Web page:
Wednesday, April 17, 2013

It's For Your Own Good, Chickie

After the cleanup from the chicken massacre, we made putting up a fence around the coop our biggest priority. I was sick and tired of losing perfectly lovely hens, hens that were reaching their laying prime, that we'd fed and cared for from their first little peeps.

Before we started the fencing project, we reassessed our goals and made some adjustments:
1. Just because we like them doesn't mean we need to keep enough to provide eggs for half the county. Yes, I enjoy sharing them but the cost of feed is going up....
2. Even though the auction has become a ritual date night, we don't have to get our fresh stock there. The few times a hen went broody and hatched one of our own eggs, provided entertainment and less work for us.
3. Keeping the chicken area of the yard small will give us room to have a pig pen "someday."
4. Guineas are fun but if they aren't going to be used for pest control in the yard, we don't need them.

With those thoughts in mind, we fenced off a small area for the chickens to roam and only bought a Barred Rock rooster and 2 hens to supplement the 4 hens that survived the attack. We also purchased a pair of Silkies for their broodiness tendencies. Unfortunately the hen was injured and didn't survive, leaving us with 2 roosters (we will see how that works out!) If we get the chance to add some meat chickens later, the area will be a little cramped but not for long and not unbearably so.

As for the birds, I'm not sure how they feel about their loss of freedom. The adjustment to the new ones went well-possibly because they were still traumatized by the attack. Laying has started getting back to normal and we're watching for the roosters to get amorous. We've already been graced with some awesome crowing. Once things have settled down, I'll introduce them to you!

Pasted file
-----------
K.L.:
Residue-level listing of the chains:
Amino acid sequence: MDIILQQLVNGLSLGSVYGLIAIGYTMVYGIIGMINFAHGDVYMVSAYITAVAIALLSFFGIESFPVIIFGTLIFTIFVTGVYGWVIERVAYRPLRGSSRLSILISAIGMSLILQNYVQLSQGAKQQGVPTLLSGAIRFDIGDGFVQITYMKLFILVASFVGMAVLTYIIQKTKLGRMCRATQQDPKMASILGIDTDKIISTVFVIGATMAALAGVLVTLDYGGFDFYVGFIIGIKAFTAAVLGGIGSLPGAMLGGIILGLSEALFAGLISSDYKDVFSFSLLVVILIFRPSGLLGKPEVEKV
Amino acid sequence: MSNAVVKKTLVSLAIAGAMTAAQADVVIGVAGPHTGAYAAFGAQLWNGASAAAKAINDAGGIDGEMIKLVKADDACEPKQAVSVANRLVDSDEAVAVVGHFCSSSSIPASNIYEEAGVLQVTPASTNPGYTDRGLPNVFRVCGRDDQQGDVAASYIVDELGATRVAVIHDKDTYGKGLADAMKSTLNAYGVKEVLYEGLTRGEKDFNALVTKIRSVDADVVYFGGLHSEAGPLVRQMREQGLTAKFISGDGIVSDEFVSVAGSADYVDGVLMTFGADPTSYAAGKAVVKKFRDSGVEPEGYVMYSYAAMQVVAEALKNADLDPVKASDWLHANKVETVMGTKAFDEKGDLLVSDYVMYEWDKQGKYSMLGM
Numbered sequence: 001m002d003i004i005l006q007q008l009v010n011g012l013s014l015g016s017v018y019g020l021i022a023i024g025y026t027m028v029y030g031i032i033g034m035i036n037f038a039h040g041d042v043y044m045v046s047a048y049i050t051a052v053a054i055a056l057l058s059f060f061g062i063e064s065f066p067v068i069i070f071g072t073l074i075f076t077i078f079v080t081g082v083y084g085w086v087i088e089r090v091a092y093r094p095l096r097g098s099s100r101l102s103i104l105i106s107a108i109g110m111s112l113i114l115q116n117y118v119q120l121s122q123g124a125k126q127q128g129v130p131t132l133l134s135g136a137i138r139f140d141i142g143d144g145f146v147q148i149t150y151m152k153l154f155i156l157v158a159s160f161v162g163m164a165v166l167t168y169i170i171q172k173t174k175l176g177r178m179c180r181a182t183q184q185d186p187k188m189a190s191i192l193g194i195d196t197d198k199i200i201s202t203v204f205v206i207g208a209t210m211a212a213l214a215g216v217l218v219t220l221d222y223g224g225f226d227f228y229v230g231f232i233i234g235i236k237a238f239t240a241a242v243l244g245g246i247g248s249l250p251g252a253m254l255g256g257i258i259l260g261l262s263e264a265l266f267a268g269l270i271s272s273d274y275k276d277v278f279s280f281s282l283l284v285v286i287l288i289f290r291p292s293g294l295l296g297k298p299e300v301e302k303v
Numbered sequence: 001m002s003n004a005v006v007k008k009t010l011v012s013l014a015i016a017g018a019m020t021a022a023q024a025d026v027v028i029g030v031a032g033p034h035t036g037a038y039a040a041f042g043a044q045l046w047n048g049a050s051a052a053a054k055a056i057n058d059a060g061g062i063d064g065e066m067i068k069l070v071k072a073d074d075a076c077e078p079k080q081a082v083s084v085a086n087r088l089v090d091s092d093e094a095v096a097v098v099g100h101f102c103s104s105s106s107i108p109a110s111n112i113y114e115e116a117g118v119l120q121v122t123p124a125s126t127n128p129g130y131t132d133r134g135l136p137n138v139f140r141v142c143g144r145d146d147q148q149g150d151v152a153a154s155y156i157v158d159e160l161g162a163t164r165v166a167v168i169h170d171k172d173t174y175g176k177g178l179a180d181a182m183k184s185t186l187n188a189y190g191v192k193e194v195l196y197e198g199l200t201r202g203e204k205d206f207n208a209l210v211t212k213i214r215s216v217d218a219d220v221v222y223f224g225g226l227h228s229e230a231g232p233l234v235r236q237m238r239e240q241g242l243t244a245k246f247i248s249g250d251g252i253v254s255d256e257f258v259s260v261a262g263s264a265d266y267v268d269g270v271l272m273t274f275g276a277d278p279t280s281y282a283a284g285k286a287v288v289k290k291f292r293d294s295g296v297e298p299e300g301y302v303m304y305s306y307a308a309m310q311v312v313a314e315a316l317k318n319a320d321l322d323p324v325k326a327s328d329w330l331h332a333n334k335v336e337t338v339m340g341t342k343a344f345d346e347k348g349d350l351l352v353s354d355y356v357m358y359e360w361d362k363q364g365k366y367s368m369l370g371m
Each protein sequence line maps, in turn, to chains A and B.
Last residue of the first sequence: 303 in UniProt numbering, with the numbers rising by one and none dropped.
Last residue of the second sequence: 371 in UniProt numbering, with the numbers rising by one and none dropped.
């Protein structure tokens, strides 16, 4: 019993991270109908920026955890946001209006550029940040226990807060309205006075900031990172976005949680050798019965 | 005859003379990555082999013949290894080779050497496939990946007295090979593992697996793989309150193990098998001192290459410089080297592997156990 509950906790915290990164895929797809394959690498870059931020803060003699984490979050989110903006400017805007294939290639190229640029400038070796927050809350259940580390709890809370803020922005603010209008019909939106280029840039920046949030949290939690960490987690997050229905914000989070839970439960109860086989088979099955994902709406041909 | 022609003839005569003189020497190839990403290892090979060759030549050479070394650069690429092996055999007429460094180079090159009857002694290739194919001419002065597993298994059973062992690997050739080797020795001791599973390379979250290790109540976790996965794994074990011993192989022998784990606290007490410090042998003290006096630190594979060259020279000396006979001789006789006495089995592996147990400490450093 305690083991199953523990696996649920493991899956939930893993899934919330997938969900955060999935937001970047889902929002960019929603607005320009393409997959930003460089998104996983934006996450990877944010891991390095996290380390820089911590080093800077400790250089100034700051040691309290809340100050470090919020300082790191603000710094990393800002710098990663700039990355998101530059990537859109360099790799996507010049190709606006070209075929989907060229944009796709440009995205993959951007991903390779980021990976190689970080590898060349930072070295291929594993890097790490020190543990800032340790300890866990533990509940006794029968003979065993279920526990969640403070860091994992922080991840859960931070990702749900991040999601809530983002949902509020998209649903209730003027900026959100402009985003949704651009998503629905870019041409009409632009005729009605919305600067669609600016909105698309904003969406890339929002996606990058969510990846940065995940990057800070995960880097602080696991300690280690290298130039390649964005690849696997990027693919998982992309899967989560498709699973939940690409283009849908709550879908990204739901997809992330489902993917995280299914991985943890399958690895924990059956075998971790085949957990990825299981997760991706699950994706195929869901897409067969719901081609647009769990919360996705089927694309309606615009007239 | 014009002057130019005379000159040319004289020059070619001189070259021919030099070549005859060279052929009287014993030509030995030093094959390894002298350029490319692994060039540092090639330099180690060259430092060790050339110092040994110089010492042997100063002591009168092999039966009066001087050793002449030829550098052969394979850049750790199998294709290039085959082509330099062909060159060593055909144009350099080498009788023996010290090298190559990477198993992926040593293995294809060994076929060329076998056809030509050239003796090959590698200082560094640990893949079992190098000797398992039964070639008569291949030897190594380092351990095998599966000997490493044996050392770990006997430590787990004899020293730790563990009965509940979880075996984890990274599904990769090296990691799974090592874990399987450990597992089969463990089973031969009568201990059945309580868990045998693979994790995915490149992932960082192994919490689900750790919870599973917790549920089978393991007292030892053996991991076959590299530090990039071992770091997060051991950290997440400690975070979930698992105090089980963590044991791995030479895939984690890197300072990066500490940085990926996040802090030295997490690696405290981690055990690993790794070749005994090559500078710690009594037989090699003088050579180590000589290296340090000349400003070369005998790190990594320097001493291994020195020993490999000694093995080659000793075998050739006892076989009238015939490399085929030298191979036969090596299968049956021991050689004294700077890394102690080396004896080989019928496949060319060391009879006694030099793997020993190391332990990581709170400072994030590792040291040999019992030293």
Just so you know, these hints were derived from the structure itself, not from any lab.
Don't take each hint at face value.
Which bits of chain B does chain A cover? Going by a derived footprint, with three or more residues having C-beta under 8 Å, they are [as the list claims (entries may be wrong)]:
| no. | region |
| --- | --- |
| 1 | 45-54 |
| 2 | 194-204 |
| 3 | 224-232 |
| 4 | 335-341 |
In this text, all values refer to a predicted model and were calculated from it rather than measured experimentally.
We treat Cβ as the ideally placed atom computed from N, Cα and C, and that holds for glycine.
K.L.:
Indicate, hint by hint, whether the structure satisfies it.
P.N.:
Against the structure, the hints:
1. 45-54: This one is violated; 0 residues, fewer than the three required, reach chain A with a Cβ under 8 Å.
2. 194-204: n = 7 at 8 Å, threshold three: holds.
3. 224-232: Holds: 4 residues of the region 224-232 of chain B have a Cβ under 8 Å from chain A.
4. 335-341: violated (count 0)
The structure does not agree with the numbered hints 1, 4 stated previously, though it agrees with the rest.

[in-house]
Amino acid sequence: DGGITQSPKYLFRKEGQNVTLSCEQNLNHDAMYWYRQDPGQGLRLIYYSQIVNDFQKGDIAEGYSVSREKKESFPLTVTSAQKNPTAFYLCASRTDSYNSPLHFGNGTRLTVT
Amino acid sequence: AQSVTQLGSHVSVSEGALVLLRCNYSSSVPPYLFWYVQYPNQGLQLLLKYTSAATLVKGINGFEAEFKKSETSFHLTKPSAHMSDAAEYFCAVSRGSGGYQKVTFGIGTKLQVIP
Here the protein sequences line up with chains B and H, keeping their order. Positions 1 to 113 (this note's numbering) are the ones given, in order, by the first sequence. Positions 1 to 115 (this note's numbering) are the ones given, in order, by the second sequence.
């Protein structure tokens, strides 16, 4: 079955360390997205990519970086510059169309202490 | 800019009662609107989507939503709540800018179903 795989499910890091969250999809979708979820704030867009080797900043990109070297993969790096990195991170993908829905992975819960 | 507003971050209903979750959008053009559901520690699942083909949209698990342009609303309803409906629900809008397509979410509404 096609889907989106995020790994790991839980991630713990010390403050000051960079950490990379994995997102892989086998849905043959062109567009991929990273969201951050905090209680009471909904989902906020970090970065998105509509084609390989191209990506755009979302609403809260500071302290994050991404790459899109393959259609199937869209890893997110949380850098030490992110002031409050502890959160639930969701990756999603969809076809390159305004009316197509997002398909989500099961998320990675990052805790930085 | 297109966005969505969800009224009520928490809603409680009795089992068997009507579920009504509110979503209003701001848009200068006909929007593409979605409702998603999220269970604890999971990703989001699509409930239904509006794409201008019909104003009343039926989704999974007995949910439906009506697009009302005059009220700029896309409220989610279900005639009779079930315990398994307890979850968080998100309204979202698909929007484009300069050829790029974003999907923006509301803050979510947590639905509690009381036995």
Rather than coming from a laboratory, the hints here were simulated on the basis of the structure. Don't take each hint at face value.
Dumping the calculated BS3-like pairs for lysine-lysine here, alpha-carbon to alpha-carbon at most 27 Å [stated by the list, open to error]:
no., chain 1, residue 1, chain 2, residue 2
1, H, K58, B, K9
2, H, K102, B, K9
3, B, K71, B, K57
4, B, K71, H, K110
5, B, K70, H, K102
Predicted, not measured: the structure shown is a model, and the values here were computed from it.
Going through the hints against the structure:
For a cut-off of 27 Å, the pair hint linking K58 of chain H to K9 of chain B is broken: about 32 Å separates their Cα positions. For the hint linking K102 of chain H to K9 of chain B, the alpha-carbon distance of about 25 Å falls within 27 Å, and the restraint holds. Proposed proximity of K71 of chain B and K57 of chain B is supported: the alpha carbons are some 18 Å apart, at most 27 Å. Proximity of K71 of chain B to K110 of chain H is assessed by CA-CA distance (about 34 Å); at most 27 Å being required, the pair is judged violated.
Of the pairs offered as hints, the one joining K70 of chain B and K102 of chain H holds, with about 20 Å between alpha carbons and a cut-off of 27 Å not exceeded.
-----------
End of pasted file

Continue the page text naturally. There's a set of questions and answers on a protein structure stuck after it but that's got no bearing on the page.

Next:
And with that, 2 more goals for 2013 have been met! It was pushed onto the front burner a little sooner that we planned but there is a blessing in there- none of our little free rangers had access to the gmo corn that the big farm neighbor is planting in the field this year! (Good for us all!!!)


  1. You know, your #1 on the above list really needs to be implemented here. We have over thirty chickens and like you, could provide the entire county with eggs. I only sell four or five dozen eggs a week and we eat eggs like it's going out of style. So we really need to reduce the flock. Although hopefully not the way you guys had it "reduced" for you :(

    I've been complaining about my gardens being dug up from all the chickens and we're going to HAVE to put up a permanent fence for them otherwise I'll NEVER have a garden in the front yard.


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